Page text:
The Presumption of Innocence, “Sleeping on One’s Rights” and Fundamental Fairness

One of our finest moments in court was hearing a tearful prosecutor whine, “Judge, I know he did it, I just don’t have proof.” Too bad, so sad. No proof, no foul.

So we were shocked to discover during the furor over Justice Kavanaugh’s confirmation how many people believe that the mere fact of an accusation constitutes proof. Not only the demonstrators in pussy hats scapegoating him for all the wrongs inflicted on women, but lawyers. 

The most extreme example comes from an indignant Facebooker waving aloft her degree “from one of the top law schools in the country,” only to descend into hillbilly talk:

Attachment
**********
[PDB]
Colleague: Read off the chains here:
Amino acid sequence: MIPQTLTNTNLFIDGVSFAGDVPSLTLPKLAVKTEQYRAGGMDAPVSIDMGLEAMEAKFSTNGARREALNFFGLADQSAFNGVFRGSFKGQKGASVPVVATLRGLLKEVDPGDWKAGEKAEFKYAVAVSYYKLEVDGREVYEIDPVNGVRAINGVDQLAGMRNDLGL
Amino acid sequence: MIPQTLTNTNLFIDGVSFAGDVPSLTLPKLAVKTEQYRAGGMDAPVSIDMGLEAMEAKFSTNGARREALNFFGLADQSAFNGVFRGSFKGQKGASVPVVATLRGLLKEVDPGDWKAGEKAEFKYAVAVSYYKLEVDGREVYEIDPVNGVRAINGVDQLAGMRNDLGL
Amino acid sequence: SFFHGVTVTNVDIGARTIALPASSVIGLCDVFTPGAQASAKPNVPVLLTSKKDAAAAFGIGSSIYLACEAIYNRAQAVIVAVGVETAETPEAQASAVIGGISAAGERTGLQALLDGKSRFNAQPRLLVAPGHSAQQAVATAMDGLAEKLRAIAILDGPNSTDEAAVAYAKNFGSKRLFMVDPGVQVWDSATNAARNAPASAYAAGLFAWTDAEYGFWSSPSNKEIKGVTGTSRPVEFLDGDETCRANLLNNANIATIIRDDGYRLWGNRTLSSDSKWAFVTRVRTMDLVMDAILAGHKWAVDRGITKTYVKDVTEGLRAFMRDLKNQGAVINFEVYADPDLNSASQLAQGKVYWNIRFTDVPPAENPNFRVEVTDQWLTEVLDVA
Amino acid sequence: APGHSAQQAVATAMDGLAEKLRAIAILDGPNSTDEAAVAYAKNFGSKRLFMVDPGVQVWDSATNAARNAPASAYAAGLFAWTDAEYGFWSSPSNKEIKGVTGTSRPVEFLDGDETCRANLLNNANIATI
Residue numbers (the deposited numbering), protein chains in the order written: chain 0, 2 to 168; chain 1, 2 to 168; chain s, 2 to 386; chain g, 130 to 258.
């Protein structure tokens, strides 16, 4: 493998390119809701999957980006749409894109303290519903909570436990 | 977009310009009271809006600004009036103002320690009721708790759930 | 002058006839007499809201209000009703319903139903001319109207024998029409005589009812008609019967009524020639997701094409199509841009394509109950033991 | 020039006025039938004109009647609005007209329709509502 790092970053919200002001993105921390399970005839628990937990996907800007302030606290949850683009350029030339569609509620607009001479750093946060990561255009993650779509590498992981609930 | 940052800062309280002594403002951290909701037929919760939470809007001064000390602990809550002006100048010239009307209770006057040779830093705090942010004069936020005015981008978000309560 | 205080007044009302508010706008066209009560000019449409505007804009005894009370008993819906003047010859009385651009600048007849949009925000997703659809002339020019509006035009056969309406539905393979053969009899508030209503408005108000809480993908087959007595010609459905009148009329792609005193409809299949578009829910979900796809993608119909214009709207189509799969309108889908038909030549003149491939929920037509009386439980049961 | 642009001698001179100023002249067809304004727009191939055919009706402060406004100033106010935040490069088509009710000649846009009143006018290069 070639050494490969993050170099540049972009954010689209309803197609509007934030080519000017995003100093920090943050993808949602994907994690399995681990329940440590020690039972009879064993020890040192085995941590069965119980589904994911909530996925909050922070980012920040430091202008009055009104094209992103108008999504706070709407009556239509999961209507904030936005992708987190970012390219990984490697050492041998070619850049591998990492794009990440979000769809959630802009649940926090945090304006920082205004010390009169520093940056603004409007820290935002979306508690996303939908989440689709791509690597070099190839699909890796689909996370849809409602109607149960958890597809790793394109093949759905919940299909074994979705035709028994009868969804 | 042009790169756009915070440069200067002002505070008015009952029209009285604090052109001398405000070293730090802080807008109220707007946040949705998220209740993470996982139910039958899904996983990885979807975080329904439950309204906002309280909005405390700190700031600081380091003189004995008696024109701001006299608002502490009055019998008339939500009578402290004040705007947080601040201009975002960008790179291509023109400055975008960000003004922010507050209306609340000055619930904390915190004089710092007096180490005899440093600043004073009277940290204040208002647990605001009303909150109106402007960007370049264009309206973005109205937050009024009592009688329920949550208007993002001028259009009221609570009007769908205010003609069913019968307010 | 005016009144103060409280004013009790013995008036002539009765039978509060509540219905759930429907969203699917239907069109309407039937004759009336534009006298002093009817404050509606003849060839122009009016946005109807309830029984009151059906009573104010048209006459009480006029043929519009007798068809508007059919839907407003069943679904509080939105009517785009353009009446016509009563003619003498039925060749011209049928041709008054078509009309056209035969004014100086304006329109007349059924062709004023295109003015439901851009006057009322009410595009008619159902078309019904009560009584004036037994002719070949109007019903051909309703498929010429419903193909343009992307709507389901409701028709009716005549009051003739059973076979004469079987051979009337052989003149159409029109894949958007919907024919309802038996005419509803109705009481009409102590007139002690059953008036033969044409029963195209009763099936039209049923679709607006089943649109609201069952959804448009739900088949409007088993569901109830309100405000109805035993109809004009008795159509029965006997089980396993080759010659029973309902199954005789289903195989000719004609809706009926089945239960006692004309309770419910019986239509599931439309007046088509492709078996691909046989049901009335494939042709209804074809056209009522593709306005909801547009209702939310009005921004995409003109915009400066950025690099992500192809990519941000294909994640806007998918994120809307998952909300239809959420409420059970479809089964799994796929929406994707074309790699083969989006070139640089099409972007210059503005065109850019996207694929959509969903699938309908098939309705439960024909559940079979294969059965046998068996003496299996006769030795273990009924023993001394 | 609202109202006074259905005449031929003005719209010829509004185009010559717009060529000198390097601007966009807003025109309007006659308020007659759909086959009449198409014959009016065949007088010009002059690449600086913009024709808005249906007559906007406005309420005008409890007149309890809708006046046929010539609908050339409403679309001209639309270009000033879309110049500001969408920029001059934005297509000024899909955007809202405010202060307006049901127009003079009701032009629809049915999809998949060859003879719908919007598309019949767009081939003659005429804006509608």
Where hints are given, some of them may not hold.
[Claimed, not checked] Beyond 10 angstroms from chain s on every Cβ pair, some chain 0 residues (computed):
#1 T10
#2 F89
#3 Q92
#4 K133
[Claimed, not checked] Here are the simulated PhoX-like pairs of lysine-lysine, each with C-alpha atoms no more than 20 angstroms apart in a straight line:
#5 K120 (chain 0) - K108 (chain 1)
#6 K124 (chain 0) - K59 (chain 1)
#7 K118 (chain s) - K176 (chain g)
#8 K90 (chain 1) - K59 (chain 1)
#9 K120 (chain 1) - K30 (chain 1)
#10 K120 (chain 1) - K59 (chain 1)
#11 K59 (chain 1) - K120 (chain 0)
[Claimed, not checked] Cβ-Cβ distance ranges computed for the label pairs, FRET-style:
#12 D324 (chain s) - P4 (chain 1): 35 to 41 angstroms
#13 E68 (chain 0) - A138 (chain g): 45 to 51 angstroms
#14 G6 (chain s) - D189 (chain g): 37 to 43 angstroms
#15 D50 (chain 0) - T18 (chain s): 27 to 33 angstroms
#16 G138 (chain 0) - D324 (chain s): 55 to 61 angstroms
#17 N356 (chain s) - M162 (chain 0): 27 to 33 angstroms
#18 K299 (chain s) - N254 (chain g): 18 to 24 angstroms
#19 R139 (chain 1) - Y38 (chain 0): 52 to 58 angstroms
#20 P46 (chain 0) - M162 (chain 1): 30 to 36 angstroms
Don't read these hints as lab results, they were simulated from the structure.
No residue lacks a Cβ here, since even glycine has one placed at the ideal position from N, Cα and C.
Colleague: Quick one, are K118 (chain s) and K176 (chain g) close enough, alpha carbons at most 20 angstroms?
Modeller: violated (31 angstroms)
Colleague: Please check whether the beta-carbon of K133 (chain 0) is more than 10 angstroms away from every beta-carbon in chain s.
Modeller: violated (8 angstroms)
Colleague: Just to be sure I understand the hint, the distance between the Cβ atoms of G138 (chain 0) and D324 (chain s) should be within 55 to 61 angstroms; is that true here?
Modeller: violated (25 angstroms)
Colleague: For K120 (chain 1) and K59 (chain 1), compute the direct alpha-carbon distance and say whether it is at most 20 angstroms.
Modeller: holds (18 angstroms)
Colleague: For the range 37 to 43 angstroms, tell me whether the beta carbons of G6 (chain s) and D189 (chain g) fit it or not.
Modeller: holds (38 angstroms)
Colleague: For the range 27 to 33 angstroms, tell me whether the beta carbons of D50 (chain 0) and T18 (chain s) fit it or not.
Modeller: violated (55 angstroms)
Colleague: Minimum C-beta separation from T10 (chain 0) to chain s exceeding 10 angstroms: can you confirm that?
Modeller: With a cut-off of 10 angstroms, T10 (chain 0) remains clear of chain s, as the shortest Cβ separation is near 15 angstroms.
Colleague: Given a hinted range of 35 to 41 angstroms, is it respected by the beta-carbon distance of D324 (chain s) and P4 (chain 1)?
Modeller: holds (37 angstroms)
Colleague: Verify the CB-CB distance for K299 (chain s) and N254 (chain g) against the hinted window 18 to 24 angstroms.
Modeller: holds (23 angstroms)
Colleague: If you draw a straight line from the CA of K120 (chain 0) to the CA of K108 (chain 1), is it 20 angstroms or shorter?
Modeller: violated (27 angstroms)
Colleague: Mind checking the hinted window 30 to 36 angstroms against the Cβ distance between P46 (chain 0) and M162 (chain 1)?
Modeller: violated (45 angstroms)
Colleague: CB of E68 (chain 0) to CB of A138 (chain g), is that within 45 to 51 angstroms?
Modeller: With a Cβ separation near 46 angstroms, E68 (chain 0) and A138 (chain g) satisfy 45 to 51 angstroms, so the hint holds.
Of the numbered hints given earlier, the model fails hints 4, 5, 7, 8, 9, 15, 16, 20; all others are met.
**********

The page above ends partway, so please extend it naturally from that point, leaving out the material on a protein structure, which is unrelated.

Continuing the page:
“Y’all need to delete the phrase ‘innocent until proven guilty’ from your lexicon until you are prepared to use it correctly. Seriously. Next one of you I hear blithely parroting this phrase in the wrong context, I might just have to whack you upside the head.”

This legal eagle (whose career is in public relations) explains that as a matter of law, women’s accusations of sexual misconduct are presumed to be true until the accused disproves them.  A reminder not to rely on Facebook for legal information.

But all too often we’ve heard otherwise reasonable people assert that presumption of innocence applies only to criminal trials. As if it were a quaint courtroom custom, like the judge’s robe or the velvet cord separating the public from the bench.